Thursday, September 24, 2020

Comments by Steve McCrea

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  • I think the biggest problem with even quality therapy is that it is not really the proper mode to deal with current or ongoing abuse or oppression. It can be valuable for a person to discuss the pain of living with a dead-end job, and may even help motivate a person to seek a better one, but it can’t take care of the question of why so many jobs are dull and lifeless and why so many people are forced to work in them for inadequate pay in order to merely survive to face another day. Therapy can be valuable, but it is limited and can’t really handle the bigger social issues with which our current Western society is riddled.

  • Yeah, I think I’d volunteer for that one. Except if you’re a kid, they might lock you in a “residential treatment home” until you learn to knuckle under.

    The best diagnosis is “don’t know what happened to that guy – he seems to have disappeared.”

  • Lack of long-term outcome data means you have no idea if your “treatment” is actually effective. Which means from a purely scientific viewpoint, your “treatment” is not legitimate. We assume something doesn’t work until proven that it does, not the other way around. That’s how science is supposed to work. Anything else is marketing.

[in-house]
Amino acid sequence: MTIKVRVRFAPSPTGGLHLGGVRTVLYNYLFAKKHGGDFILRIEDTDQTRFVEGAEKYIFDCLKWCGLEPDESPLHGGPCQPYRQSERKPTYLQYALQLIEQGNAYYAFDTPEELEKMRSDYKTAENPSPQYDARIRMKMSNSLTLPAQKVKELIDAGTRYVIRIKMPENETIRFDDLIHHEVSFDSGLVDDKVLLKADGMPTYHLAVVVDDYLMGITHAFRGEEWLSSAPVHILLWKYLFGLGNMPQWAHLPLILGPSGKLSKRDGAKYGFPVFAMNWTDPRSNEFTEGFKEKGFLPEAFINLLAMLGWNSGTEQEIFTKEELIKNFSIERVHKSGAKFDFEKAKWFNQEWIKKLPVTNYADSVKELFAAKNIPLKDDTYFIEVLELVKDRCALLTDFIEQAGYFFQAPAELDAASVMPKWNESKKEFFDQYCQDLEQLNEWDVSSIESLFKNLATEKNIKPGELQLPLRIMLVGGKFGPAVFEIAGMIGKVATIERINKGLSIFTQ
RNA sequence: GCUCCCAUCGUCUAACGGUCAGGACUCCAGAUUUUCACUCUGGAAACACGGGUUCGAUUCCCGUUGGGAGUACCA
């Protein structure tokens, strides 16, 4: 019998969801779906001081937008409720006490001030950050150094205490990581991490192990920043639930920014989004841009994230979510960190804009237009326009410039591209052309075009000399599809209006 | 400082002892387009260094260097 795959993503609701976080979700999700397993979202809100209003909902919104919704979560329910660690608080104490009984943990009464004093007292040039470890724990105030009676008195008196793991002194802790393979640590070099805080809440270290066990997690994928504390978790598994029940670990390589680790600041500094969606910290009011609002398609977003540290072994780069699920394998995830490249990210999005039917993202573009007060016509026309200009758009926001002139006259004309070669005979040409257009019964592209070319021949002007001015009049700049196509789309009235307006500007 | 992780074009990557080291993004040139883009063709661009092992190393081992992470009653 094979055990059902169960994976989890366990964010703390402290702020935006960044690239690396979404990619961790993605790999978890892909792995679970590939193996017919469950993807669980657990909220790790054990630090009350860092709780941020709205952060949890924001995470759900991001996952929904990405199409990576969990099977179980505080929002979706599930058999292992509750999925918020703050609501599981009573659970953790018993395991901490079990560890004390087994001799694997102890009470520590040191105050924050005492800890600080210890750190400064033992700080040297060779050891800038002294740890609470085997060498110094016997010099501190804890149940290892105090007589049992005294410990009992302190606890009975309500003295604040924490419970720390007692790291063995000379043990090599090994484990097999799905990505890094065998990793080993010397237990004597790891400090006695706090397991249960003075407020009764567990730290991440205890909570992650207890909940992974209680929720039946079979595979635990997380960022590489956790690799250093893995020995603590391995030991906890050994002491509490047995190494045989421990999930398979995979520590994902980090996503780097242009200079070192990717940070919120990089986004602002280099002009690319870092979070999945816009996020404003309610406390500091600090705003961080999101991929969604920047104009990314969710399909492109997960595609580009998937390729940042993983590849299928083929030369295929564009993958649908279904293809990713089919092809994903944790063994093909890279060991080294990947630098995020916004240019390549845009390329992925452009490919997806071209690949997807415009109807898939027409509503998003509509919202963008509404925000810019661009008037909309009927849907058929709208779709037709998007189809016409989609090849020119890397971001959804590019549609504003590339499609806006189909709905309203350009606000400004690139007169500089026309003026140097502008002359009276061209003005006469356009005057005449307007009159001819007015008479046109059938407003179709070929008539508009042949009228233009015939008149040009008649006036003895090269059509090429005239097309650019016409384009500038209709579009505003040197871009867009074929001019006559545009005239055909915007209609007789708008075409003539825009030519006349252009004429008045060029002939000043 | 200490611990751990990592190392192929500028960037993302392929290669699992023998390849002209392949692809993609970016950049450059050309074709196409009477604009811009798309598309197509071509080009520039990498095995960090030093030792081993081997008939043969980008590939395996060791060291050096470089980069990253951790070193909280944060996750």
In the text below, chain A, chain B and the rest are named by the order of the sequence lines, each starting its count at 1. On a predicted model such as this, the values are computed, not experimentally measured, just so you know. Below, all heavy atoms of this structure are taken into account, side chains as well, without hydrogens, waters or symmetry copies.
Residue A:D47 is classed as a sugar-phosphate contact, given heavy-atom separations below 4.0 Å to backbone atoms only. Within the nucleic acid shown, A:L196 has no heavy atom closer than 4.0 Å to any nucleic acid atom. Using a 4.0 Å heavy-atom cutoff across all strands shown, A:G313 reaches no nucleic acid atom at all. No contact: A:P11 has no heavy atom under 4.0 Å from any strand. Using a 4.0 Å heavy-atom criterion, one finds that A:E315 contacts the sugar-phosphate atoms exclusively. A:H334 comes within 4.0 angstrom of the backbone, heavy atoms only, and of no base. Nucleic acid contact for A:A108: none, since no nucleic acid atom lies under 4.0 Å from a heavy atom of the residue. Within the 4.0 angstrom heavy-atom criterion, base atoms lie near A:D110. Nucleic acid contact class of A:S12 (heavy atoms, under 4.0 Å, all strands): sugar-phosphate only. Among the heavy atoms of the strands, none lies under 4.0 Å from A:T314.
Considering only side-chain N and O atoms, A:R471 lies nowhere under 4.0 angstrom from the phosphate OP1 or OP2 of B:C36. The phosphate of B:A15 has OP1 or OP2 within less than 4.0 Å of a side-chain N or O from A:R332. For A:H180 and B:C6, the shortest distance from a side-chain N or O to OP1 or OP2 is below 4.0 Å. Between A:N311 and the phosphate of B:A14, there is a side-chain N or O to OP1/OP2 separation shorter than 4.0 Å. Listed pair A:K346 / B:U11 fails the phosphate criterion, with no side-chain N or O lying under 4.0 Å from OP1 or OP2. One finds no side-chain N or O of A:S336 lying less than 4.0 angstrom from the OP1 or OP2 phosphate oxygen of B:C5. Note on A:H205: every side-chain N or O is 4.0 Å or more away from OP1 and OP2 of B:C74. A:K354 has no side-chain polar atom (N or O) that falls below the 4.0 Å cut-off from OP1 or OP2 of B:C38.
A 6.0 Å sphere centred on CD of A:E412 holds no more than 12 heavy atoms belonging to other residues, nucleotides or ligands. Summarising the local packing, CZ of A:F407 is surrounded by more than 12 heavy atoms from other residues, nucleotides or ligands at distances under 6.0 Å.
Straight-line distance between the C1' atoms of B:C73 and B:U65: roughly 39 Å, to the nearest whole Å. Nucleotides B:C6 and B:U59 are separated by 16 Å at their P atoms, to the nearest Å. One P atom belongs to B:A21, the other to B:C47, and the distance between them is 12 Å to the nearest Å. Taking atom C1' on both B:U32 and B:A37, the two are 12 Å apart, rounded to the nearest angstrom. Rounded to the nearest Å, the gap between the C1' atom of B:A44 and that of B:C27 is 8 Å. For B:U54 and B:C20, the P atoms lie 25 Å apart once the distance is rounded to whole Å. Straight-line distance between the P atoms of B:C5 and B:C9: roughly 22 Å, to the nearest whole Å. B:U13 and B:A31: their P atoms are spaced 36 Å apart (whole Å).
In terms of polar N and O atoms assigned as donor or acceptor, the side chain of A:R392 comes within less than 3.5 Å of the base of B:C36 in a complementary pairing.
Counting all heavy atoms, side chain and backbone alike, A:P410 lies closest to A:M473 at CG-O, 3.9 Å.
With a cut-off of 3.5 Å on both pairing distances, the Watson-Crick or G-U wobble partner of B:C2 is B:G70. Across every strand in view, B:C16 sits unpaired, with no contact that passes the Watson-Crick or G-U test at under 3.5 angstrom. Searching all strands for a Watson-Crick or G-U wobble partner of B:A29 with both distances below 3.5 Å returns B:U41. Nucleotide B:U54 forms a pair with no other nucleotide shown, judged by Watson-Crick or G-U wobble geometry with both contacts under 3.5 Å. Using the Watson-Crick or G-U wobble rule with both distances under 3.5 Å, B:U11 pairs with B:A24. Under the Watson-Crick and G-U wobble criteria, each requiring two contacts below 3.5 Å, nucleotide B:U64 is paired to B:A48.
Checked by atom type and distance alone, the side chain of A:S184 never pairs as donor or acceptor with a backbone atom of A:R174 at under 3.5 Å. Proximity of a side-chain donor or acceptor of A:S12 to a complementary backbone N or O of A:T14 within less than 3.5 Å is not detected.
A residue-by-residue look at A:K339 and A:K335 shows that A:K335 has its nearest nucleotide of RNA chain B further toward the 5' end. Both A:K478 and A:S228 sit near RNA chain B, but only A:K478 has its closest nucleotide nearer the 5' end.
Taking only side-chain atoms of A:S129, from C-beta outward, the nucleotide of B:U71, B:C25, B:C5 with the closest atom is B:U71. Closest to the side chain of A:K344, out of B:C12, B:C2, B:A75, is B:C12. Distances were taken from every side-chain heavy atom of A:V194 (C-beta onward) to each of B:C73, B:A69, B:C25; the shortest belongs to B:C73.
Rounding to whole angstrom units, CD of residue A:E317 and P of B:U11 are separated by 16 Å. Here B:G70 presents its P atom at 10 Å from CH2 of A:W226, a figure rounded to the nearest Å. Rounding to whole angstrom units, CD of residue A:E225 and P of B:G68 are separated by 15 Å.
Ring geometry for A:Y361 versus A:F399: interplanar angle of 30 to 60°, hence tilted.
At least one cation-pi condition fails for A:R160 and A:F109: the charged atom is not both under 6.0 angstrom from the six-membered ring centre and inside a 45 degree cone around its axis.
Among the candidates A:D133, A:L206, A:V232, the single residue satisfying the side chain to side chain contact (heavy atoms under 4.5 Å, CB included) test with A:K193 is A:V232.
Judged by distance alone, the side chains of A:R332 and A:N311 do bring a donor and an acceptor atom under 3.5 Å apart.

• Well, of course, the algorithm is only as good as the programmer. I’m sure someone could program a discriminatory app. But at least they won’t have to manage their emotional reactions to our statements, appearance, etc. I’m sure they’d totally suck, because they’d be made by people who have no comprehension of what is helpful, otherwise, they’d realize that a computer can’t provide what is needed.

  • Hey, people do it all the time. I was just making it clear that there is a difference between people calling someone names because they don’t like their behavior vs. calling someone official names with the power of a medical degree behind it. It’s still name calling, and I am generally opposed to name calling, as it is usually very unproductive and avoids planning to overcome the problem. But there is a very important difference in quality between being called a name by someone who is no more or less powerful than you are vs. being officially sanctioned by the medical profession to call people names as “medical diagnoses.” The second is far more insidious and destructive.

    Hope that makes my point clearer. At least in the colloquial situation, we KNOW it’s a matter of name calling or generalizations with no scientific basis. No one is pretending that the other person “has” some brain problem or whatever. They’re just saying the othe person is a jerk.